The Basics

So you’ve had it with electric and cartridge based razors and are ready to enter the world of wet shaving. Where do you begin? We fully intend to analyze all facets of wet shaving in detail, but we thought it also might be best to start of with some core tools of the trade, we call them the basics.

Fundamentally you need the following in order to start wet shaving:

  1. Soap or cream
  2. Brush
  3. Razor
  4. Blade


We recommend using Proraso for soap. There’s no bowl or prep involved, this is an easy to use soap for beginners and it makes your skin feel great after a good shave.


There are lots of brushes out there, the important thing to remember is badger hair. (It’s better than boar hair).  We’re not picky about the brand, but the type is important. Don’t be fooled by imitators, something like this Escali brush will do the job and not break the bank either. And if you have any doubts, just trust us: Badger hair.


Believe it or not, this is easy an one for us to recommend. Merkur is the standard, and we strongly recommend the Merkur 178 Classic.  You have some choices to make, short or long handled and weight. We say short and we say heavy. The bottom line is you want the weight of your razor to do the work for you. It’s the safest way not to cut yourself.  The 178 is on the heavier side of straight razors and provides a manageable grip without getting in the way. You’ll find that your razor is the most expensive item you’ll buy, but keep in mind this thing will last forever. It’s about the same price as that cheap Phillips Electric razor at Walmart, but it’ll still be around in six months.


Every face is different and every blade is different too. It’s hard to recommend a specific blade for general use, but we personally have had positive experiences getting started with the Crystal (Israeli Personna). We’ve found it to be sharp, with almost no tugging and yields an absolutely pleasant shave in single or multi-pass approach.  That said, don’t necessarily limit yourself to just one brand of blade. The pack we’ve linked above has 240 blades in it and normal use means that this set should last you more than a year. So consider a sample pack like this one or this one (which includes the Crystal) so that you can experiment and find out what works best for you. Even if you pick up a sampler and then use the Crystal you’ll still find you’ve paid less than an eight week cartridge refill for that fancy Gillette you’re giving up. We’ll spend some more time analyzing a bunch of these blades in the coming weeks, but we consider this to be a good place to get started.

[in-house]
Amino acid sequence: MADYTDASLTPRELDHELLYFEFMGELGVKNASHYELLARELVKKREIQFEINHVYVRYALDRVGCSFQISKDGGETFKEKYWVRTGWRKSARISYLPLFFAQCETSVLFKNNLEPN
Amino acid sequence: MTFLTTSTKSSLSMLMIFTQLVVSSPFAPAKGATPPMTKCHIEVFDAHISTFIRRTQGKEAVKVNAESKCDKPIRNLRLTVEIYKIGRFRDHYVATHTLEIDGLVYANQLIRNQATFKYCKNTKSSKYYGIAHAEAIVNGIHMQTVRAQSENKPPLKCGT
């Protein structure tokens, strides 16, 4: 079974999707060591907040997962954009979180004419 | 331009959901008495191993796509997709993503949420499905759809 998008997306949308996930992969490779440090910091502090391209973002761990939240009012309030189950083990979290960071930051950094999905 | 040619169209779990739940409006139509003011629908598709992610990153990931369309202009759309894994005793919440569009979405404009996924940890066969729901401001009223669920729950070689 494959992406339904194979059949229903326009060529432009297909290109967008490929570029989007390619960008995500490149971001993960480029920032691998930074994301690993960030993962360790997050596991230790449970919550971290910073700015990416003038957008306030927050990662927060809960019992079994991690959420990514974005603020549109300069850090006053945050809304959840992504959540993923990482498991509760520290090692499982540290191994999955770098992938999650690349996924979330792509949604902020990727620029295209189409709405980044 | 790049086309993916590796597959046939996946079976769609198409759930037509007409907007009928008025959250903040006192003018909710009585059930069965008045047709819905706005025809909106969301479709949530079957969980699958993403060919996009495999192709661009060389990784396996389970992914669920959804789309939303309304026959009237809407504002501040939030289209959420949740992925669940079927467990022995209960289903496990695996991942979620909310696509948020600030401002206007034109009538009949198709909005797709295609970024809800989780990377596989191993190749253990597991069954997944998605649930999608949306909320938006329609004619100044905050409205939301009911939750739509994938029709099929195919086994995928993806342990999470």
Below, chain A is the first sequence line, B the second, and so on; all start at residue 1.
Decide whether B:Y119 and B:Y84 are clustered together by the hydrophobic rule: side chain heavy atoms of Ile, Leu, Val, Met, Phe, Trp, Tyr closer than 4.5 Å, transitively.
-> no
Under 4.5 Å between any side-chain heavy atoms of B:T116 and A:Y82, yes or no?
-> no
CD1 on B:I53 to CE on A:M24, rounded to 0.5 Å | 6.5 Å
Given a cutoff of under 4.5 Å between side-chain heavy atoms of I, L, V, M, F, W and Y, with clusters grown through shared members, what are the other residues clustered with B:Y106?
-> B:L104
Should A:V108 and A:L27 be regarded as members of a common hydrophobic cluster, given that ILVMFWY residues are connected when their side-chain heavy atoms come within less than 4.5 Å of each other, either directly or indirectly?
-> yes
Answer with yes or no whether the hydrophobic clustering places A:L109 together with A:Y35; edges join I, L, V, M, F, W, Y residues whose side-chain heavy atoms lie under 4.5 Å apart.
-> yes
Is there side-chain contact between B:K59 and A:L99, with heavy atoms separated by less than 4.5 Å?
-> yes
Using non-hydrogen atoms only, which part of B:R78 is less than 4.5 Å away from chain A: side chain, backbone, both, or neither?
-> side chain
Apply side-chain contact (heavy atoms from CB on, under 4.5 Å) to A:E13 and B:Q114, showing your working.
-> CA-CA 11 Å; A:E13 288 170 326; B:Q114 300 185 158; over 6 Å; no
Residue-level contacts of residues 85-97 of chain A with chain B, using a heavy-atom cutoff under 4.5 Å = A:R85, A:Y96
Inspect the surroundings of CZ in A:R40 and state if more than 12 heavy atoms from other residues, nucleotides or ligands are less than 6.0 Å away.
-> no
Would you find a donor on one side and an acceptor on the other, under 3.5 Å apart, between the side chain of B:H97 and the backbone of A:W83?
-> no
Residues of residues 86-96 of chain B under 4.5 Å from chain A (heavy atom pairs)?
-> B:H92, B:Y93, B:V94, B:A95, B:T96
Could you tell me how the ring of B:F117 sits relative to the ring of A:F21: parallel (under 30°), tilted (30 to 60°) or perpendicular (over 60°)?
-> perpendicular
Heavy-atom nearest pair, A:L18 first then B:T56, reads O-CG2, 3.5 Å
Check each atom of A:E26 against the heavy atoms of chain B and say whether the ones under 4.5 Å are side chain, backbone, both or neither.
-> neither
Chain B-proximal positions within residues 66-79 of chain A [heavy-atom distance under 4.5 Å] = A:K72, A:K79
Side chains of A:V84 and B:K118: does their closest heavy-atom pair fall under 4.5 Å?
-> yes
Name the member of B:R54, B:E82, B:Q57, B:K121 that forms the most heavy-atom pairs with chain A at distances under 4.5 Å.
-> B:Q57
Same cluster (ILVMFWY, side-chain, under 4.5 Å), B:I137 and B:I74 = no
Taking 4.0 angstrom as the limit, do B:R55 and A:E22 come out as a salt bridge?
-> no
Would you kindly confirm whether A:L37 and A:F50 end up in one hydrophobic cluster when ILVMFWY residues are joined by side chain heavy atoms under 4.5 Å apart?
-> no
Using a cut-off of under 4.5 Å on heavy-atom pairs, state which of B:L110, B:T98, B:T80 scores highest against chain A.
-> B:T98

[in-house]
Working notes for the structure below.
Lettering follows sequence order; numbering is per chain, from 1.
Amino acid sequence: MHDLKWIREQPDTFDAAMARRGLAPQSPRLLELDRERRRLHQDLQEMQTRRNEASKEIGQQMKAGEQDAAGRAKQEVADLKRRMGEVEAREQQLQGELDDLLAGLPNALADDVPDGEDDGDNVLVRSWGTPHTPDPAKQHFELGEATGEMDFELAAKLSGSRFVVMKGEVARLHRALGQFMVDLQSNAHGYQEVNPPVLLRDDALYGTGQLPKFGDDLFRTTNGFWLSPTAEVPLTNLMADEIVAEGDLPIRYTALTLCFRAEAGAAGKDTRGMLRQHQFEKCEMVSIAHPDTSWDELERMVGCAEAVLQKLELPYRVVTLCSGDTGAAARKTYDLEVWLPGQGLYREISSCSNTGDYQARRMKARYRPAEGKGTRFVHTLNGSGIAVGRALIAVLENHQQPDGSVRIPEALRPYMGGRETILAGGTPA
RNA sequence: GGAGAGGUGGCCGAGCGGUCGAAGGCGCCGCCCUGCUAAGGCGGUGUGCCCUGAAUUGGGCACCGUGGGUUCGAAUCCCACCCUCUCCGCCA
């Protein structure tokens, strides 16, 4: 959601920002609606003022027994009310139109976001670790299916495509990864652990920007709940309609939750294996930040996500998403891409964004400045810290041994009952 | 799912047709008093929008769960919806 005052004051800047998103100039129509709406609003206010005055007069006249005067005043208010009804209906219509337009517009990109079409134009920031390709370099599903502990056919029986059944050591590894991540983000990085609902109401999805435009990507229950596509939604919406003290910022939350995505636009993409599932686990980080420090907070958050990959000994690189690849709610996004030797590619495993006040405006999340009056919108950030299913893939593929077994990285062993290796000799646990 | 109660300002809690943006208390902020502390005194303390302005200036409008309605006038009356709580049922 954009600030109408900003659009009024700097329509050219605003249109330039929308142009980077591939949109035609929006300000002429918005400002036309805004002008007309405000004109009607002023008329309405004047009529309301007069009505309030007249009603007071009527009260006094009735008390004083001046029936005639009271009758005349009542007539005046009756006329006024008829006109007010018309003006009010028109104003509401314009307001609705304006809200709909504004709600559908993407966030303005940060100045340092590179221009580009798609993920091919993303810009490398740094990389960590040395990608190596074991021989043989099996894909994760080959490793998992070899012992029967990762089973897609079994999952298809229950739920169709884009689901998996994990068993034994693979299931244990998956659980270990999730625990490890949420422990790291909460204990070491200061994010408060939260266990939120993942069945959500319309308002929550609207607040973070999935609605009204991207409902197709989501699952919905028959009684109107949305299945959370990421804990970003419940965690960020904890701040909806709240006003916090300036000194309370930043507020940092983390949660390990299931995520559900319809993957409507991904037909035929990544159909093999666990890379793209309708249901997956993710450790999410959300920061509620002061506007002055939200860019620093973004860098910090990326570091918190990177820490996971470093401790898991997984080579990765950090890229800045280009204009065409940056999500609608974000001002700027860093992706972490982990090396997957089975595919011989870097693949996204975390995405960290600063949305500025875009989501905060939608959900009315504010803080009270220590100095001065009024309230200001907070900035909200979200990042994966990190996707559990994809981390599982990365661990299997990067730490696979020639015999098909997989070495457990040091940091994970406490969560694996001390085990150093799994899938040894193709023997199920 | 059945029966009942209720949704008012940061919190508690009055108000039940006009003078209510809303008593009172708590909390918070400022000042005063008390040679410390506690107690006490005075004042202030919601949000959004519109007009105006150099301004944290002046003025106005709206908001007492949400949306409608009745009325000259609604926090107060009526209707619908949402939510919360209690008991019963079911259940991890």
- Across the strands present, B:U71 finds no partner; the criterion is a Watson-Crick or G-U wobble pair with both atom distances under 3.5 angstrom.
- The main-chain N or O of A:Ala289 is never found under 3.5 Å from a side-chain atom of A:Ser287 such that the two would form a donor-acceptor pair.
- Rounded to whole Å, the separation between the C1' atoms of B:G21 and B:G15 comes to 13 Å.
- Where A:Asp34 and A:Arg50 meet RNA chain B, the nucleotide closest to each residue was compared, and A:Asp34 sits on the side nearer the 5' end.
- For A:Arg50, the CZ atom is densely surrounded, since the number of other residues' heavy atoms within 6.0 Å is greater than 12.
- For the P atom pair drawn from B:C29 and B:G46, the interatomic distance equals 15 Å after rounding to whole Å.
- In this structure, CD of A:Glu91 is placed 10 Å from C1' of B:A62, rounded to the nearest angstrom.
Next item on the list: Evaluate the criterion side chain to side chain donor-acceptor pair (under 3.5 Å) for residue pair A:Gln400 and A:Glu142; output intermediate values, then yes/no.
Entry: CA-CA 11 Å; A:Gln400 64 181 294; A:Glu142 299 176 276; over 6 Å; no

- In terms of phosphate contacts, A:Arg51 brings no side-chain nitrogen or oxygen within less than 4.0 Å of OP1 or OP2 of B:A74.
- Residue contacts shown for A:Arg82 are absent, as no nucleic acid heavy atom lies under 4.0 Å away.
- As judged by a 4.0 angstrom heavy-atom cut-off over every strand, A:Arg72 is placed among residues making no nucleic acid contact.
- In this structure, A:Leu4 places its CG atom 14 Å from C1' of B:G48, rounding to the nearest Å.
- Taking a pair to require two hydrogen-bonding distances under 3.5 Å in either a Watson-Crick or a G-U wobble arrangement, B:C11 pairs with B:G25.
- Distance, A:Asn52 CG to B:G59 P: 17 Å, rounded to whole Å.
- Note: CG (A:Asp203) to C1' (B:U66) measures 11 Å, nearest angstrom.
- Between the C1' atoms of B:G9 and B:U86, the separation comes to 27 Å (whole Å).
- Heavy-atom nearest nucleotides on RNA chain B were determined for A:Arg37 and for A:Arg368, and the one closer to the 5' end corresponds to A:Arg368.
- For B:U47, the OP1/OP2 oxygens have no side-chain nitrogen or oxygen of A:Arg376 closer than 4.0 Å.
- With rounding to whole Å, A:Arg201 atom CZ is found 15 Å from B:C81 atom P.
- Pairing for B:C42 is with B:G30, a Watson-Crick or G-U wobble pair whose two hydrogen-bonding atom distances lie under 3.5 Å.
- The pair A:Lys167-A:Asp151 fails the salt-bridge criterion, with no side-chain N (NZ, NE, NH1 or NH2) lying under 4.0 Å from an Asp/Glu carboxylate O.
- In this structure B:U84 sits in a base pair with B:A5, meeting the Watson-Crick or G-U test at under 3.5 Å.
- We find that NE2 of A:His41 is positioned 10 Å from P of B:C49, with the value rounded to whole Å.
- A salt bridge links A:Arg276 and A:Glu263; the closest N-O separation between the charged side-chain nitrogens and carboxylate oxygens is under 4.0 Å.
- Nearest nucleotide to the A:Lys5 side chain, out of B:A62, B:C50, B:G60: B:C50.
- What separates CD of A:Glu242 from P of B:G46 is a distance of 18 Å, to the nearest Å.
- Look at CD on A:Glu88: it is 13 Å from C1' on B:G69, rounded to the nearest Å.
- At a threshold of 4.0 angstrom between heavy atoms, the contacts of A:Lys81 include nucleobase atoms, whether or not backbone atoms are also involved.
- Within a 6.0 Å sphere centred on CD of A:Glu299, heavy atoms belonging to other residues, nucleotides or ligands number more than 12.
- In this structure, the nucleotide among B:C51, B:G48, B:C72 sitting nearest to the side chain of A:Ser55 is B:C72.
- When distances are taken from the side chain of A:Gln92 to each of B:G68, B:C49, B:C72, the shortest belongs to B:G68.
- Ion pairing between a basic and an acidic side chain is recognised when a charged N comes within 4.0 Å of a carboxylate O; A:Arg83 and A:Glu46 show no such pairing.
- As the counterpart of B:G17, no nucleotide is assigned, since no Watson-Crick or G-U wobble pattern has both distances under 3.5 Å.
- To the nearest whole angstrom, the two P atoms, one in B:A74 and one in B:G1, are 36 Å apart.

Remember, your gear is important! There’s a little bit of a buy in but it’s worth every penny and saves a lot in the long run.

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